Friday, March 28, 2008

Intresting Graph

Via Volokh, here's an interesting graph courtesy of the Gallup folks. It tracks the answers to a question they've asked for 70 years:

Are you in favor of the death penalty for a person convicted of murder?
In 1937, 59% said yes, while 38% said no. Last year, the numbers were 69% and 27%, respectively. In the 1990s the numbers were the furthest apart, with 80% in favor and 16% against. In only one survey, from 1966, did the yeas (42%) get out polled by the neas (47%).

I agree with Orin over at Volokh that the question itself isn't particularly helpful because it it open to so many interpretations, but the fact that it was asked in the same way over all that time provides an interesting insight into public opinion on the issue.

4 comments:

MountainLaurel said...

It does provide a key into the thoughts that we have. I think such a shift is quite disturbing myself. But should such a thing as the taking of a human life be decided by opinion poll?

Elvis Drinkmo said...

I agree with Laurel- life and death should not be a matter of public opinion.

The results were probably different in 1937 because: A) they didn't have all these dumbass TV shows that demonize and dehumanize certain groups of people and B) because they didn't have sell-out Democrats like William Jefferson Clinton holding the highest office in the land like in the 90's. Like the scumbag that he is- he took a lot of pride in executing a half-mentally retarded black man when he was on the 1992 campaign trail.

JDB said...

OK, Laurel and Elvis, I'm intrigued - then who should make that decision? Do you mean writing a ban on capital punishment into a foundational document (i.e., the Constitution)?. If that document is silent on the issue, who makes the decision? What if the document specifically calls for it?

Elvis Drinkmo said...

Interesting question, JDB.

On other blogs where I've engaged genuinely thoughtful people on the other side, they have routinely blasted me for having no right to make such "absolute" comments on things like the death penalty because I have no faith or God to fall back on. This was the driving force for me to create a satirical blog about worshiping Batman and Starfleet. So I could be a smartass and say, "well, the United Federation of Planets has abolished the death penalty; therefore it is wrong. It's right there in the scrptures."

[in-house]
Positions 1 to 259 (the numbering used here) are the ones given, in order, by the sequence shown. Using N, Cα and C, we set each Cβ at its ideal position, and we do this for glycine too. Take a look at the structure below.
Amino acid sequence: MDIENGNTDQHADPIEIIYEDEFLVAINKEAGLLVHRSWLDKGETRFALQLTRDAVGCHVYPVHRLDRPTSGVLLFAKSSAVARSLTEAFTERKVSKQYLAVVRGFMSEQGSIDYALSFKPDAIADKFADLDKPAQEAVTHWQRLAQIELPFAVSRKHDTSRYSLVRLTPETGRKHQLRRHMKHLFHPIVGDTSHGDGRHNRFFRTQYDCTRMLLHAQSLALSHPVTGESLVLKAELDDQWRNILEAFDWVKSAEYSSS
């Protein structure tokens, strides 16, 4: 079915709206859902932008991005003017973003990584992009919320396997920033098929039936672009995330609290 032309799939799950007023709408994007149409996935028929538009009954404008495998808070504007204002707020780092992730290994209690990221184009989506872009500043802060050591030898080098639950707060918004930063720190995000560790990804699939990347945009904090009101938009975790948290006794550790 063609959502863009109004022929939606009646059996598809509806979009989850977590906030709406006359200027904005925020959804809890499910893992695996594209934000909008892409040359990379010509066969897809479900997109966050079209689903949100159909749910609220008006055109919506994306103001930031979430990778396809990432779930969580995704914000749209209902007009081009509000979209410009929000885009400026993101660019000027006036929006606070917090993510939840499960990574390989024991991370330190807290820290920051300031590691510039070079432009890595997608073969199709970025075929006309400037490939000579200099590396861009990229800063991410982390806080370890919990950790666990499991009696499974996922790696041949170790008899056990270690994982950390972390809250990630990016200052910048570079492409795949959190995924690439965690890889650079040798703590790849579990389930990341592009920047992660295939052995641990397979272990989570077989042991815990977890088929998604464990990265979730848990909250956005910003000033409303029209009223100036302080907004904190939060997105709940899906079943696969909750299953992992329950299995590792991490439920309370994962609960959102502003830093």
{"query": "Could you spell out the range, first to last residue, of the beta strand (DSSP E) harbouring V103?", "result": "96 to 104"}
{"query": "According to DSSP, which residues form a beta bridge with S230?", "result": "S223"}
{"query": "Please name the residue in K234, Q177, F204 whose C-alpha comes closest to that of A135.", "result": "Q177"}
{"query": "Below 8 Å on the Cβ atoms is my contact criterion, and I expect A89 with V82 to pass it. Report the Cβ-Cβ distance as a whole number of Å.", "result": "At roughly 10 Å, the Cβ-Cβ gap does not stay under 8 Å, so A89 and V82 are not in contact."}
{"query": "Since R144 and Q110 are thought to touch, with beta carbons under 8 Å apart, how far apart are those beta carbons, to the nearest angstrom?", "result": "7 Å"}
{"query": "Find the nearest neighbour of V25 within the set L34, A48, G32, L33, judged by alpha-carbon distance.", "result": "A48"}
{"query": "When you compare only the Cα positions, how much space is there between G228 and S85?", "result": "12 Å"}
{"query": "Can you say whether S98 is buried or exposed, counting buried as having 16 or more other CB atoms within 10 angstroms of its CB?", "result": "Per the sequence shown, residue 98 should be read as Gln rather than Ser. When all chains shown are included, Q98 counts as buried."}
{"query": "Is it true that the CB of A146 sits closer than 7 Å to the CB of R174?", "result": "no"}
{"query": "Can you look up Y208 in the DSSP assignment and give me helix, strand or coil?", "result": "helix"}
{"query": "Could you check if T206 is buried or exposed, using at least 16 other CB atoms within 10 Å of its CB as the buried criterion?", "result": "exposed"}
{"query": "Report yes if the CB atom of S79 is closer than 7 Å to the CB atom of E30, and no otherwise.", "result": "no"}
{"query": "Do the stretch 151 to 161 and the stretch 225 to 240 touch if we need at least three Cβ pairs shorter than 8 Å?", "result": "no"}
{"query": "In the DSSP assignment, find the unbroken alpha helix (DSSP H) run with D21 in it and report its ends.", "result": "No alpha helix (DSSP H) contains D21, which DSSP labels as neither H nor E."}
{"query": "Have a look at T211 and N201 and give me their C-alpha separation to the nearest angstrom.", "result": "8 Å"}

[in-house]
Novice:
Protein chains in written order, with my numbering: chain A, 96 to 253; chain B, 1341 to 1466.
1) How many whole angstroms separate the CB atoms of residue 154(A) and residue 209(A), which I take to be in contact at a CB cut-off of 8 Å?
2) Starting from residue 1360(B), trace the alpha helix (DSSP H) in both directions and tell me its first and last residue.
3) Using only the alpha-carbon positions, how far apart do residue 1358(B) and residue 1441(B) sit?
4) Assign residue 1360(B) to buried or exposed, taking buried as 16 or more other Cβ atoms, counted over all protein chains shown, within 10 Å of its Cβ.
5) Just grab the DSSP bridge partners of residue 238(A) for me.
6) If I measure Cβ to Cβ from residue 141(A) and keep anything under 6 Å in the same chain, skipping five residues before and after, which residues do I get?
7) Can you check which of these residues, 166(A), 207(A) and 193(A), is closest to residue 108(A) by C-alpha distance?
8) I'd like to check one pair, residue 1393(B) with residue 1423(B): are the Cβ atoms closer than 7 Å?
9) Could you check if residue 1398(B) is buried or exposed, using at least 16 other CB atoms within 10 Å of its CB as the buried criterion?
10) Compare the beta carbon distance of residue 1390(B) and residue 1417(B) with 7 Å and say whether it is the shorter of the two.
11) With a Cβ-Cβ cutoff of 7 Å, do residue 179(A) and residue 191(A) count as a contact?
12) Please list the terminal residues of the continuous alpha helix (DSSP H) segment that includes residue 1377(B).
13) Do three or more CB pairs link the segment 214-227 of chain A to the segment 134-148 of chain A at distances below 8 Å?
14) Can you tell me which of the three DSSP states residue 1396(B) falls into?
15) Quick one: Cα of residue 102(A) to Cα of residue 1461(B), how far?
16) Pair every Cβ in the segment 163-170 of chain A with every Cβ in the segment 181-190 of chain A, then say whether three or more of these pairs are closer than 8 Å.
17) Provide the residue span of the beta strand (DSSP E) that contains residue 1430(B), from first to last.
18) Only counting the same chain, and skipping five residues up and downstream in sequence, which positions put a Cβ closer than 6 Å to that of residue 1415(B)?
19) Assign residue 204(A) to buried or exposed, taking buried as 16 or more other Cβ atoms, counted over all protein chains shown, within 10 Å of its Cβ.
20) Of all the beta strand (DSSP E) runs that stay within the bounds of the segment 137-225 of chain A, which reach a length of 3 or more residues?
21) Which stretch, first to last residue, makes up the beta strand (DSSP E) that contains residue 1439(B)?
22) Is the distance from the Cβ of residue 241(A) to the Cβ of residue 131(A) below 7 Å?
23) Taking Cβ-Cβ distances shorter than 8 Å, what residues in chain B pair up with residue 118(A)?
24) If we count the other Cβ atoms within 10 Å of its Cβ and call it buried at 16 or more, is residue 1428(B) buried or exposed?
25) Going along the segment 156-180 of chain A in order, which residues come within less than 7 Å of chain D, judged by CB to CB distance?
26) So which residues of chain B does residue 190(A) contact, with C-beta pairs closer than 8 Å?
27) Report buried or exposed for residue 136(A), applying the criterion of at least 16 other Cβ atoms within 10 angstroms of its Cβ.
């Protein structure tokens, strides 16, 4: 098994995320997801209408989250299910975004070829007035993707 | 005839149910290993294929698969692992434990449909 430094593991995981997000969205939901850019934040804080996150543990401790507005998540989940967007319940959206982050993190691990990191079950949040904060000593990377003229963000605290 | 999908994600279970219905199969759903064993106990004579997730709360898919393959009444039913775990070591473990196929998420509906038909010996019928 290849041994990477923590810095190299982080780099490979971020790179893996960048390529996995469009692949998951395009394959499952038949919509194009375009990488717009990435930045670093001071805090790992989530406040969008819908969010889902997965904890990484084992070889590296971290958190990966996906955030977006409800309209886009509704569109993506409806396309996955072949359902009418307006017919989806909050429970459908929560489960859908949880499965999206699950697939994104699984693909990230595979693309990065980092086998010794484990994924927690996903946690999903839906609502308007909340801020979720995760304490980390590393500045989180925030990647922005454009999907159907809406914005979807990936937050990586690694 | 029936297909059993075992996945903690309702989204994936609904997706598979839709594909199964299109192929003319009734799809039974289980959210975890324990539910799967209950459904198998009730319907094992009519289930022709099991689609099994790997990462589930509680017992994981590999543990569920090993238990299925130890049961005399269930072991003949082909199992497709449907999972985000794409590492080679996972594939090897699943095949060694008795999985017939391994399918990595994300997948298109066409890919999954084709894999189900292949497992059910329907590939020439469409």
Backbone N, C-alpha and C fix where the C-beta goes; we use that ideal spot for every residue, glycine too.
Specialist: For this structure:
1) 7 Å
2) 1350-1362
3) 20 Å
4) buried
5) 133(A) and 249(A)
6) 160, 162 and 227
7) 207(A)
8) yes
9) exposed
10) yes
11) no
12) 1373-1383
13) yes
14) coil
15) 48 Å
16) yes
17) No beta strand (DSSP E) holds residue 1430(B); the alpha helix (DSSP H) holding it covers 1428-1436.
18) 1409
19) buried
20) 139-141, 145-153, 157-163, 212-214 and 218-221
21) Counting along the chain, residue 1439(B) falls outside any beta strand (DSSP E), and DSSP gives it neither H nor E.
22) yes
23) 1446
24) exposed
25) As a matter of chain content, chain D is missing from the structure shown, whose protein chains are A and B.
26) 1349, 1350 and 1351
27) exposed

But there are universal principles that most people adhere to. One of the principles is that taking a human life is immoral whether it's a human individual who wants a new watch or a state which seeks revenge. Then someone would say, "based on what? You don't even believe in God or gods".

But from a legal standpoint rather than a moral one, the 8th amendment is supposed to protect us from "cruel and unusual punishment". I can't imagine anything more cruel or unusual than killing somebody.

I would site Thurgood Marshall's majority opinion in Furman v. Georgia (1972?). Justice Marshall makes some very good arguments against the legality of capital punishment and I would write about them at Appalachian Greens if I hadn't sold back by pre-law book in college so I'd have $15 to drink beer that night back when I was a dumbass kid.

To answer your question: I firmly believe in the Supreme Court's right to trump majority opinion. That's one of the few things about our democarcy that makes it unique (even if that branch of government is currently packed with zealot jackasses) . Even though Furman was overturned, it's still there and needs to be revisited.

I hope that answers your question, JDB.